Being diagnosed as “HIV-positive” means that you have been exposed to the Human Immunodeficiency Virus (HIV) and that two HIV tests—a preliminary enzyme immunoassay (EIA) test and a confirmatory Western blot test—have both come back positive for antibodies to HIV.
Being HIV-positive means that it is possible for you to pass the virus along to others, including your sexual partners. If you are female, you could also pass it along to your unborn child.
Once you have been infected with HIV, you will always carry it in your body. There is no cure for HIV. It is a serious, infectious disease that can lead to death if it isn’t treated. But many scientific and technological advances have made HIV a chronic manageable disease. Many people with HIV lead healthy, happy, and productive lives and learn how to cope with the disease.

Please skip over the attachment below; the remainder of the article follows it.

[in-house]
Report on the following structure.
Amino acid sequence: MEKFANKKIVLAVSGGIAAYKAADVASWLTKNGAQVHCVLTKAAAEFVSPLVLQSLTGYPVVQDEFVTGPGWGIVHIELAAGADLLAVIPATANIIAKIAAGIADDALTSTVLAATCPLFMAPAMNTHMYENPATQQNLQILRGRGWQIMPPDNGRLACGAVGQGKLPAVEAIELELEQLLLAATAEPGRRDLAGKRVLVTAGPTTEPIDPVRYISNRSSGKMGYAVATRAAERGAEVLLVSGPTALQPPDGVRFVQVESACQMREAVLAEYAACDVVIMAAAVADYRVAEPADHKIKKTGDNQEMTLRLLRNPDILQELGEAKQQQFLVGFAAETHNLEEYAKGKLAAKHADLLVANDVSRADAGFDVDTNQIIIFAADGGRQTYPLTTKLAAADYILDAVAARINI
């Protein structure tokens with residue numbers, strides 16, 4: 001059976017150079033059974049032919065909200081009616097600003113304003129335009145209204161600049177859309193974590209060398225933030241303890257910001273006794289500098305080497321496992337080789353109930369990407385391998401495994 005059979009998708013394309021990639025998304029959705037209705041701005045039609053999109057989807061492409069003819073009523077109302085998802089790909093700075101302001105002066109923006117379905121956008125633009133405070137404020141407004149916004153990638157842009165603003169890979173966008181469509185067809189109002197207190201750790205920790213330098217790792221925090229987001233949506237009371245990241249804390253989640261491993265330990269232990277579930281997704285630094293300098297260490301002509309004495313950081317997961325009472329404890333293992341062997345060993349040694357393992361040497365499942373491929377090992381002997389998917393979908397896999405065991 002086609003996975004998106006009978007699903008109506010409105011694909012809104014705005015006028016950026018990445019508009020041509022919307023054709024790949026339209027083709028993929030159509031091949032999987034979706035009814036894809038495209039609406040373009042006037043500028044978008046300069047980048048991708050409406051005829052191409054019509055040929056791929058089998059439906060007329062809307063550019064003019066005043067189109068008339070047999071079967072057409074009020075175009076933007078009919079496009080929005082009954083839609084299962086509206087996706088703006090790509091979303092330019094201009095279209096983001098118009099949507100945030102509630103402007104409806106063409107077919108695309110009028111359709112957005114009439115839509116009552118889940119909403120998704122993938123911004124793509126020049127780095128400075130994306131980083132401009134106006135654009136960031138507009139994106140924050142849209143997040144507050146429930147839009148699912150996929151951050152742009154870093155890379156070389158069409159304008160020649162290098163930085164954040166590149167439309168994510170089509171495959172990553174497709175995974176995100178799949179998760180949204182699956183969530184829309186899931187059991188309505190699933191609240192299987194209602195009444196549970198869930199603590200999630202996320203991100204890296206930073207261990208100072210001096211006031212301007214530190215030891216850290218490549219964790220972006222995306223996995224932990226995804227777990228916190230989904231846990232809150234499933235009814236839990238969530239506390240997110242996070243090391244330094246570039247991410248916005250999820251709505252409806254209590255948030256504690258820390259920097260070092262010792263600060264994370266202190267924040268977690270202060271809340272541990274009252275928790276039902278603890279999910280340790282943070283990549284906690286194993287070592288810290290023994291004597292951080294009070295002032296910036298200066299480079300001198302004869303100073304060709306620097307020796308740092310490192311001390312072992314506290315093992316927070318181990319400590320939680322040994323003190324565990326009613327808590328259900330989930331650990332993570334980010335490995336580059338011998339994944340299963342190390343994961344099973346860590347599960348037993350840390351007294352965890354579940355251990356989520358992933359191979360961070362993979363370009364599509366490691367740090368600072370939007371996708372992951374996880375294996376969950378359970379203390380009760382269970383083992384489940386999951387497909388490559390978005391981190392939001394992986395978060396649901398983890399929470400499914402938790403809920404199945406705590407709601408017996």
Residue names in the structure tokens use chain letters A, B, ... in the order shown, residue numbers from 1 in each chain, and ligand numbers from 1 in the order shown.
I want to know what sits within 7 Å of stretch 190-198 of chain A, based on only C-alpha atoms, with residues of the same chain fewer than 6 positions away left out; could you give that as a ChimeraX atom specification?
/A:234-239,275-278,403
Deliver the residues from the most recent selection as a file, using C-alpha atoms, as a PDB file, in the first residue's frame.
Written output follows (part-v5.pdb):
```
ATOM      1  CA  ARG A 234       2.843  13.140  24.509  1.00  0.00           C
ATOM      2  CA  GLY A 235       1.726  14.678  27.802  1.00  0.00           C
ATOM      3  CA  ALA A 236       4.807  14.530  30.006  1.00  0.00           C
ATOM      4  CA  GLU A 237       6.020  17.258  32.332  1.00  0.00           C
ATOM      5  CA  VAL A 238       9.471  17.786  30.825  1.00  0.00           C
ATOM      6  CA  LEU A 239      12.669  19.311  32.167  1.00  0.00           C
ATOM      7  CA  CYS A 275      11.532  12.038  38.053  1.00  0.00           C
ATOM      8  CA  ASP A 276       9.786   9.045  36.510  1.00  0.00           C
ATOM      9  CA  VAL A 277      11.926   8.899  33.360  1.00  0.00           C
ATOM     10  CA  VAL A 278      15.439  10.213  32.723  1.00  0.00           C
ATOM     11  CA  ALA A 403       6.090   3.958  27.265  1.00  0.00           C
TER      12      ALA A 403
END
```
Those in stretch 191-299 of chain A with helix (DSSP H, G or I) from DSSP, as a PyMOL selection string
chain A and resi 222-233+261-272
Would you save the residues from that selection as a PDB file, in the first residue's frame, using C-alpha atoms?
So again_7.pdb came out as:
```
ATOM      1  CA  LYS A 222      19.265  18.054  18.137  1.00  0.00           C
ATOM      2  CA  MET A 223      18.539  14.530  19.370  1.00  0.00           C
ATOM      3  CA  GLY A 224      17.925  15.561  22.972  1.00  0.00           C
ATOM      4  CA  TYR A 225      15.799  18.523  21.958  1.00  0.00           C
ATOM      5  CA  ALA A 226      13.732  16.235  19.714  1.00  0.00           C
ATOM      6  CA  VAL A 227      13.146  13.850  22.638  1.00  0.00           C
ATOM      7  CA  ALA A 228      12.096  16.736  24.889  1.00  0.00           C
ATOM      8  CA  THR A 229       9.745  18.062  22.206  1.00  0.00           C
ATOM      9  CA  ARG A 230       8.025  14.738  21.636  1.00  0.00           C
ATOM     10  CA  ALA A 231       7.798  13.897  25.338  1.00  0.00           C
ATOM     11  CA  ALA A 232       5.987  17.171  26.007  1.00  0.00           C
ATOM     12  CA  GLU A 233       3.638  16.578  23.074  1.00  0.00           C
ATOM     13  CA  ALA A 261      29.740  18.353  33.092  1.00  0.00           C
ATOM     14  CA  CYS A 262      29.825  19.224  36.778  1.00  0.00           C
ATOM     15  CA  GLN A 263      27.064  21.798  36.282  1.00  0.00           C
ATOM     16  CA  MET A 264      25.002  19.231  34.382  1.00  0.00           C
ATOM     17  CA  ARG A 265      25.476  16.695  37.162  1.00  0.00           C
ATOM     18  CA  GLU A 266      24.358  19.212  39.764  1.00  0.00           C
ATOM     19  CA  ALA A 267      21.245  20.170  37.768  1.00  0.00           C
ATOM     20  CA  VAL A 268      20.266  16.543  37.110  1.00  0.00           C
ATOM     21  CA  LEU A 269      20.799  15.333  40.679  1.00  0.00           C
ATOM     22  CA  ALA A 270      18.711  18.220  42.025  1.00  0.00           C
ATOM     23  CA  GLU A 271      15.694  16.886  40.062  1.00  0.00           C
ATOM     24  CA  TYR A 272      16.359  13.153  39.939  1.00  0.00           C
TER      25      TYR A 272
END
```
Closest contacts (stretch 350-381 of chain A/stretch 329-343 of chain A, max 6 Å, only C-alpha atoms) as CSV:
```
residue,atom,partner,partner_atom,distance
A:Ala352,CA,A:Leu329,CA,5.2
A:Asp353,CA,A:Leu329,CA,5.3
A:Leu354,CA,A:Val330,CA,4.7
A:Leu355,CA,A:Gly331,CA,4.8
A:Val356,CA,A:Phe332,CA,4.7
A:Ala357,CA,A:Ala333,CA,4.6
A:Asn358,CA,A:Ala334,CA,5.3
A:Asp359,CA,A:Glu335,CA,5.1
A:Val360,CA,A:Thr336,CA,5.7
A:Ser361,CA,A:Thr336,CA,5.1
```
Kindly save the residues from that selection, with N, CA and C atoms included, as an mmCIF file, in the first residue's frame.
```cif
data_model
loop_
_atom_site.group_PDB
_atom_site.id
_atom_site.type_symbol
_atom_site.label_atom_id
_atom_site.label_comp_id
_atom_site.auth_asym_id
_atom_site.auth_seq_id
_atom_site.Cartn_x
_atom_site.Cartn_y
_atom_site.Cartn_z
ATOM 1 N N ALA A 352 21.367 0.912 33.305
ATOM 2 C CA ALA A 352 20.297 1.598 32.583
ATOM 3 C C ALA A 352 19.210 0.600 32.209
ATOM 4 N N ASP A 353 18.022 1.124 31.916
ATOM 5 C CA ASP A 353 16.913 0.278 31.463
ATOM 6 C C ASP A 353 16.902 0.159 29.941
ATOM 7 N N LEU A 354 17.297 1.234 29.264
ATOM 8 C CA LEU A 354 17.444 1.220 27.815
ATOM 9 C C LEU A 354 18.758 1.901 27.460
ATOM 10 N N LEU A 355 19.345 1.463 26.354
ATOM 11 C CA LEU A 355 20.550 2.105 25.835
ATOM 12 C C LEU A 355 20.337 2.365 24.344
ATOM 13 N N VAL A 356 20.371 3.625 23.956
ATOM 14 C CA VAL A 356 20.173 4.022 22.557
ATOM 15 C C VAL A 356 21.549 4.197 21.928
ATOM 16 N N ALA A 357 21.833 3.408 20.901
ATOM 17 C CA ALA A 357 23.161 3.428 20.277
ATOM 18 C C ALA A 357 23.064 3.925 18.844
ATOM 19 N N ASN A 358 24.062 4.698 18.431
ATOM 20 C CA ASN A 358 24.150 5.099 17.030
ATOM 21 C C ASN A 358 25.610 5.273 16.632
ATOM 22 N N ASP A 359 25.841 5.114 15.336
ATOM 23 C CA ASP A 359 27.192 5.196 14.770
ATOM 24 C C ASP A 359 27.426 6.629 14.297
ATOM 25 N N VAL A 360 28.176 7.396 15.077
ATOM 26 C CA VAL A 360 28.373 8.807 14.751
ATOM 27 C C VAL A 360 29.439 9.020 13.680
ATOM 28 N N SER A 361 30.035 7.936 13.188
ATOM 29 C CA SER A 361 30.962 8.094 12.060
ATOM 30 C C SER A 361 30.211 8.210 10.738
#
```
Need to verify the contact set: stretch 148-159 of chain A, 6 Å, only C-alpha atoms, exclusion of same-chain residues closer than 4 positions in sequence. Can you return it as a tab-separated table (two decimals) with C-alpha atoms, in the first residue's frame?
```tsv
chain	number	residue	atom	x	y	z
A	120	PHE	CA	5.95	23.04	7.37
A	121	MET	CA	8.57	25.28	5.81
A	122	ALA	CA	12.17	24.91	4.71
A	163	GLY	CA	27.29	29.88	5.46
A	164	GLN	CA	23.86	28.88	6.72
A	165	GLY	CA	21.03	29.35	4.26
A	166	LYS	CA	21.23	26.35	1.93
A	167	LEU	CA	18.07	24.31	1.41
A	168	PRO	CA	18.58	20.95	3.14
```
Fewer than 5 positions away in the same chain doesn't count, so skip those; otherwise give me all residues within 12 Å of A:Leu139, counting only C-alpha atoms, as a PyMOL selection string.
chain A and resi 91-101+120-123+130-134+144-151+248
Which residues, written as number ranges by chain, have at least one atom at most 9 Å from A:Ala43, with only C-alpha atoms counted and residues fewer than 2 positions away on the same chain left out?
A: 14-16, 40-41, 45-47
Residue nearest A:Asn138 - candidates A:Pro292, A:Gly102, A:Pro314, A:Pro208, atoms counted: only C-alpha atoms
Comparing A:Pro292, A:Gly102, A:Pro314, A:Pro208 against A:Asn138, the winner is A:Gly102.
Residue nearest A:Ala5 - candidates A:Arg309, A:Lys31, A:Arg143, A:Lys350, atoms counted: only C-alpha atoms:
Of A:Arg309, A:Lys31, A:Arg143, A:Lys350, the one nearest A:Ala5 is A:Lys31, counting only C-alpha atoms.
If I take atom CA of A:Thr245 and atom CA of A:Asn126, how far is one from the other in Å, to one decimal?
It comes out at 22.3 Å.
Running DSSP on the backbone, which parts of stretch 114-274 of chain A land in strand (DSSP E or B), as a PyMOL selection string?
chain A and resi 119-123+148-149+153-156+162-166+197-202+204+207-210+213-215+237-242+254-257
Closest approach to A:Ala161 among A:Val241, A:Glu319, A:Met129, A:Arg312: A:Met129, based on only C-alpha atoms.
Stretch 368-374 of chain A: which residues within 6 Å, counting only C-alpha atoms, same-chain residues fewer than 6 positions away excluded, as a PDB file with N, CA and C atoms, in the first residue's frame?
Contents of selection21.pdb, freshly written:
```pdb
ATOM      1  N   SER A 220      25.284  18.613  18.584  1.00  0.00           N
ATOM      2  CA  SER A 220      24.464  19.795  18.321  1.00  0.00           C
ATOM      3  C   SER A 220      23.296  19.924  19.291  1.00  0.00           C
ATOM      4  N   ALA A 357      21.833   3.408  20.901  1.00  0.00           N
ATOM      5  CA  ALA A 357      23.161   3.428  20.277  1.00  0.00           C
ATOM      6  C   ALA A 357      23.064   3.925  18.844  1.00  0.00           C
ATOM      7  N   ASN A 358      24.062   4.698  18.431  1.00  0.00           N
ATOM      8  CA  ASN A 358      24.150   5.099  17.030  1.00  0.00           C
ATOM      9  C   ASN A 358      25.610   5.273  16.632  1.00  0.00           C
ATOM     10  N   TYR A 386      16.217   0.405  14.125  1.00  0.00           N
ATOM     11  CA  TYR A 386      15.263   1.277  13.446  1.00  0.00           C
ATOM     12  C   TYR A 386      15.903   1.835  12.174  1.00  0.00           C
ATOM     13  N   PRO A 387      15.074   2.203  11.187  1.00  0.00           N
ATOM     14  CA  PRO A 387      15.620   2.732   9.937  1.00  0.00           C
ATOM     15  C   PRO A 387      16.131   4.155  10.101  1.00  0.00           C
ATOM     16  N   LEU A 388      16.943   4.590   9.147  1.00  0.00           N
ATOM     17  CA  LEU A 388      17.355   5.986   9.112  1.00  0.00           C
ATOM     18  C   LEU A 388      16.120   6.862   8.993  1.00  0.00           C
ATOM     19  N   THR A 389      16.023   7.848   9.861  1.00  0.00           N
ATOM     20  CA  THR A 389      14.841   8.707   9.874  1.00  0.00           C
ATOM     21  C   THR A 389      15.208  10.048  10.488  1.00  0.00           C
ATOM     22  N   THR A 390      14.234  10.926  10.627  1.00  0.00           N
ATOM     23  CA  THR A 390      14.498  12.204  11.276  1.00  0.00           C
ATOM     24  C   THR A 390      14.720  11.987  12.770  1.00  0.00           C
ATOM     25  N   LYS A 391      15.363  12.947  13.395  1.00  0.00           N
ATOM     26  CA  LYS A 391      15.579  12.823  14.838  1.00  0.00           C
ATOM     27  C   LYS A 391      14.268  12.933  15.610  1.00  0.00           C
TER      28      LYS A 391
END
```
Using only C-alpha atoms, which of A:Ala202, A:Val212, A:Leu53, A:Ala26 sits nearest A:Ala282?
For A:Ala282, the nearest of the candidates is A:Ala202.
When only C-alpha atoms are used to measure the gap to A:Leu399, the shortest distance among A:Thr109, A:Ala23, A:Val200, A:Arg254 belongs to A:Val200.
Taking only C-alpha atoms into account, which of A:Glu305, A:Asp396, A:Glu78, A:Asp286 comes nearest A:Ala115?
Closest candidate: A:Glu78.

This is why it is so important to know your HIV status. Knowing that you are HIV-positive gives you the ability to protect your own health and the health of your partners and children.
Being HIV-positive does NOT mean you have AIDS. AIDS is the most advanced stage of HIV disease. Proper treatment can keep you from developing AIDS.
For more information, see NIAID’s Diagnosis of HIV.